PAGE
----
The finding in core transgenic mice that STAT1 and SOCS-1 activation are suppressed, while STAT3 activation is stimulated, is in agreement with a number of reports. HCV proteins including the core had been shown to inhibit type I interferon signaling by selectively inducing STAT1 degradation and inhibiting its nuclear translocation,3, 4, 5, 27 an effect that was explained by direct binding of the core to STAT1.5 STAT1 is believed to play a critical role in IFN-mediated control of HCV, which is supported by the demonstration that STAT1 activation causes inhibition of HCV gene expression.5 Published data has also shown that the core protein stimulates STAT3 activation and that STAT3 protects against Fas-mediated liver injury.19, 21 Moreover in HCV core transgenic mice, injected with IL-6, gene expression of SOCS-1 is inhibited.23 It is therefore not unexpected that in ConA-injected core transgenic mice, STAT1 activation is inhibited in favor of STAT3 activation. This report shows that HCV core-induced resistance to cell-mediated liver injury correlates with changes in STAT signaling in the liver parenchyma rather than the lymphoid compartment.
It had been demonstrated that livers of HCV core transgenic mice treated with diethylnitrosamine express higher cyclin D1 levels and increased phosphorylation of STAT3, consistent with the notion that the core stimulates STAT3 activation and cell proliferation by direct binding to STAT3.21 This observation together with the demonstration that STAT3 is rapidly induced after PHx and that it promotes cell cycle progression and cell proliferation20,21,28raised the possibility that liver regeneration may be stimulated in core transgenic mice. Indeed, we show here for the first time that liver regeneration is accelerated in transgenic mice, demonstrable by BrdU labeling and increases in liver weights.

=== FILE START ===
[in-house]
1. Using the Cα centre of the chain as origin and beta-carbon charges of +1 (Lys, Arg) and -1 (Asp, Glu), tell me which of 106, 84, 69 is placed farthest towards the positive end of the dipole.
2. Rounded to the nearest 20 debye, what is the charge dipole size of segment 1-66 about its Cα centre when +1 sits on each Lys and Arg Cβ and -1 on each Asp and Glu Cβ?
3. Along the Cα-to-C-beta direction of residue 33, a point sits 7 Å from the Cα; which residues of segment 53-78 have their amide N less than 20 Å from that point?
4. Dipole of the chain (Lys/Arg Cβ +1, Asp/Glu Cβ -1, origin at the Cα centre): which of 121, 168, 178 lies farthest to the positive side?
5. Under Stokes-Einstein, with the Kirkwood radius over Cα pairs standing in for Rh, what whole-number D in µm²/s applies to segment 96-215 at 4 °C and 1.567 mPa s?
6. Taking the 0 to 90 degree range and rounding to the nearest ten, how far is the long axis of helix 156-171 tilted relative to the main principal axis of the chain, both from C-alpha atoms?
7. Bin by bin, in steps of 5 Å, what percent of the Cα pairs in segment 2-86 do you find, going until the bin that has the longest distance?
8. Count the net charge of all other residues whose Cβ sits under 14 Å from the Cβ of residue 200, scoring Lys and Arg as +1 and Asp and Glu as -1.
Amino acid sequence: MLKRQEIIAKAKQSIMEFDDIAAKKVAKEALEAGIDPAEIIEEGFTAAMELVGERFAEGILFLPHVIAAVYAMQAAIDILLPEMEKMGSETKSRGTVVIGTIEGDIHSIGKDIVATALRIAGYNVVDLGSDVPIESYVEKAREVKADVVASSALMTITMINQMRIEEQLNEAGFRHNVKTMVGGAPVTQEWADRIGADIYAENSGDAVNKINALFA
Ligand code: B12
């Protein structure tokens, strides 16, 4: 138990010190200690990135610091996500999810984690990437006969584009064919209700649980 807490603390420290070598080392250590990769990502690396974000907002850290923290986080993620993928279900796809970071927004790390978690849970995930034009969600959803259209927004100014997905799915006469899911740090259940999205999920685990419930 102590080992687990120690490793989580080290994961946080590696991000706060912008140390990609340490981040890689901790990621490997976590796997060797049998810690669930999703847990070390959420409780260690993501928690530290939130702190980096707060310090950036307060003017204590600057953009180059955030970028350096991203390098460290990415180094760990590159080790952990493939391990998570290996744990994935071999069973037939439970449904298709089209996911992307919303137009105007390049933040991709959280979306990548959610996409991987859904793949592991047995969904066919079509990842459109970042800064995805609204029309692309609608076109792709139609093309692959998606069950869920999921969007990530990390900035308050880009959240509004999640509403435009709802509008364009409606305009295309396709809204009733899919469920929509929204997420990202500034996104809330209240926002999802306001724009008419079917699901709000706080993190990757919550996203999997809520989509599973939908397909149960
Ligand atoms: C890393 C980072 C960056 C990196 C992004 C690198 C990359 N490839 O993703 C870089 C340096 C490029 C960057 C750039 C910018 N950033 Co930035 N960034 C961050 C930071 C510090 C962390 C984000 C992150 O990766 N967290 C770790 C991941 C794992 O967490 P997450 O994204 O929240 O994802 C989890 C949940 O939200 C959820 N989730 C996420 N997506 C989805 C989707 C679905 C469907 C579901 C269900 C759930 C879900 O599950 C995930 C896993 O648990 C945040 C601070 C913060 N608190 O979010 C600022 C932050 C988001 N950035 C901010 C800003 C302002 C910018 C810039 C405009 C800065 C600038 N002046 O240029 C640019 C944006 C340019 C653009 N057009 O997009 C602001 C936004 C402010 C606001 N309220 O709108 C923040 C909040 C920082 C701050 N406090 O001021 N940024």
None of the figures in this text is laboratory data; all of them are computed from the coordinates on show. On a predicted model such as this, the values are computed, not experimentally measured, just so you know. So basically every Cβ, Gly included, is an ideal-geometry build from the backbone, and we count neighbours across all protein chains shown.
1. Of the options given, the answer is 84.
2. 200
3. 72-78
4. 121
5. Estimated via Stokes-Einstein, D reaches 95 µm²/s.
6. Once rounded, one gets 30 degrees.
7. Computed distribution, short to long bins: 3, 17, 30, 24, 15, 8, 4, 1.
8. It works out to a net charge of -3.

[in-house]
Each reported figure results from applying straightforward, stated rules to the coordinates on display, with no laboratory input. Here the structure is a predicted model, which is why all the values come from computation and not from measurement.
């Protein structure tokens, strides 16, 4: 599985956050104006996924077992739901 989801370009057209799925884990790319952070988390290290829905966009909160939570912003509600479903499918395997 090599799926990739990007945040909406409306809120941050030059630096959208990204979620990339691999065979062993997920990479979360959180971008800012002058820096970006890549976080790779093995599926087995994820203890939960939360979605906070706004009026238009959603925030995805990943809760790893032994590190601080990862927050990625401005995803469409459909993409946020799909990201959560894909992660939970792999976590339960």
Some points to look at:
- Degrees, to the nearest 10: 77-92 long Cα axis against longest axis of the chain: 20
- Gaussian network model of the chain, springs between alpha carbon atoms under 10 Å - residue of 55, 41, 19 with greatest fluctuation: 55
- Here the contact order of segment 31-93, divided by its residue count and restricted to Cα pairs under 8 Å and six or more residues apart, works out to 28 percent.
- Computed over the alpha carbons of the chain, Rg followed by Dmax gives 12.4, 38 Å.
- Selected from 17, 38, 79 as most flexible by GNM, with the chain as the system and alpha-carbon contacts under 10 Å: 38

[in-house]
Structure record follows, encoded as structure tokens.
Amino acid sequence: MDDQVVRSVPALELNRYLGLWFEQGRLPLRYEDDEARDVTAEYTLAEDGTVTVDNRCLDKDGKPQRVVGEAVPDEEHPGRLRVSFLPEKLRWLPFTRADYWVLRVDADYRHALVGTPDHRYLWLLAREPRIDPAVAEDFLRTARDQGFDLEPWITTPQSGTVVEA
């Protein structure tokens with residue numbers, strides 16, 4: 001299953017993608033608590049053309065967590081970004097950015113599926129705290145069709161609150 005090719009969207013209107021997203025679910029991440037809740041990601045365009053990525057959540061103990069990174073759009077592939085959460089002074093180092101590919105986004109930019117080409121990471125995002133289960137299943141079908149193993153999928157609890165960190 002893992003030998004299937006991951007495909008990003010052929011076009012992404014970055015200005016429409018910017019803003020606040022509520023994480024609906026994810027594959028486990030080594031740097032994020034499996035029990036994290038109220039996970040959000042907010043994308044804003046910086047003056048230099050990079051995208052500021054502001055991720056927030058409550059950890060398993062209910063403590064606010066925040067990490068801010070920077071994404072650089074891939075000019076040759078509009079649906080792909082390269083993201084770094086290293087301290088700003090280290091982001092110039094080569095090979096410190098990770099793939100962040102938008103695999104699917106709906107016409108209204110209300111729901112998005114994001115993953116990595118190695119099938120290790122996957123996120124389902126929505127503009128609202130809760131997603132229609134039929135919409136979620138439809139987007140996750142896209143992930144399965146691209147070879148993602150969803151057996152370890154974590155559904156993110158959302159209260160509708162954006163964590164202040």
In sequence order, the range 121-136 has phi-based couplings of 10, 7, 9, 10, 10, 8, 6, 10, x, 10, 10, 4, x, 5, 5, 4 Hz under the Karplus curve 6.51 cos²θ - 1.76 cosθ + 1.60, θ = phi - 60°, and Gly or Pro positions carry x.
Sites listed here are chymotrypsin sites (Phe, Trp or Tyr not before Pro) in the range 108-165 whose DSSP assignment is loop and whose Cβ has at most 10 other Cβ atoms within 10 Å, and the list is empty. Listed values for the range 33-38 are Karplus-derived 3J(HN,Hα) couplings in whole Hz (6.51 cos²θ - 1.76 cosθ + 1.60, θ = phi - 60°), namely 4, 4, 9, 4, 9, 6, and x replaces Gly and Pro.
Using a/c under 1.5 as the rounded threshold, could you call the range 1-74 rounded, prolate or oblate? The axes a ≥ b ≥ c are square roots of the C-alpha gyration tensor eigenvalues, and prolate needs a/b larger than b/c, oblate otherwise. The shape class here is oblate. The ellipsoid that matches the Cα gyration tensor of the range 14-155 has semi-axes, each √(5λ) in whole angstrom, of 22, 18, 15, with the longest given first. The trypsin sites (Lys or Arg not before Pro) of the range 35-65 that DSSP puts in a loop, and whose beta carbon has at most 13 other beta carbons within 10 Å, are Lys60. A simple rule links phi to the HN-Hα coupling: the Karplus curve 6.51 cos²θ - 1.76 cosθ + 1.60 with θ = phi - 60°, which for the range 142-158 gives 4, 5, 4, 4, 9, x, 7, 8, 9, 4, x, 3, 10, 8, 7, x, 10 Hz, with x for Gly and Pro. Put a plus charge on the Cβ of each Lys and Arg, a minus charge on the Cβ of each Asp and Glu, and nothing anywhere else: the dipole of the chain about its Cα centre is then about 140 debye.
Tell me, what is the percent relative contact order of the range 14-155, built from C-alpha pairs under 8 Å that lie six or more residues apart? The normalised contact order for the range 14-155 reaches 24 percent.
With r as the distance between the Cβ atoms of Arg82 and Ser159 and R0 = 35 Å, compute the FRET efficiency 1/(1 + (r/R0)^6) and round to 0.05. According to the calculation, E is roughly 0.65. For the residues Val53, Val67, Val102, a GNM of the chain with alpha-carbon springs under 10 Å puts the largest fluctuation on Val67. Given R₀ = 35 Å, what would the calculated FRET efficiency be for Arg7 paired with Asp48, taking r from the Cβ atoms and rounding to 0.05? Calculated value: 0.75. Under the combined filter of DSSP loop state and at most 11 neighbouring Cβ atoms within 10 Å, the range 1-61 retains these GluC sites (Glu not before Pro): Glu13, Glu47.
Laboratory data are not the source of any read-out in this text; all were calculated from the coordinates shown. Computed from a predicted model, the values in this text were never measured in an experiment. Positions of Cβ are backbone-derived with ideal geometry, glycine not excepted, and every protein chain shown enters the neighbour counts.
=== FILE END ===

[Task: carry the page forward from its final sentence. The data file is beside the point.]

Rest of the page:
Increased liver regeneration during a viral liver infection could be of benefit to the virus as it promotes host survival and viral spread. In addition inhibition of STAT1 and stimulation of STAT3 activation in infected cells protects from cell-mediated immunity, which could promote more efficient spread of the infection. Our data show that expression of the core in the lymphoid compartment of bone marrow chimeras has no detectable effect on ConA-induced liver injury. In order to convey protection the core has to be expressed in the liver parenchyma. These data lead to the conclusion that the core does not modulate cell-mediated immunity, a conclusion that was also reached in experiments in which induction of cytotoxic T cells to viral liver infections were examined in HCV core transgenic mice.3, 7, 29 We therefore conclude that the core does not modulate cell-mediated immunity, but rather protects the liver from attack by the immune system. This effect is demonstrable in the relatively moderate response induced by a low dose of ConA, but apparently not in models in which strong immune responses to viral infections are generated.3, 7, 29 While these data are consistent with the possibility that the core can act by these pathways to promote chronic HCV infections, our experiments do not prove that it does. Liver injury in this model is relatively mild and may not reflect the scenario of acute and chronic HCV infections in humans.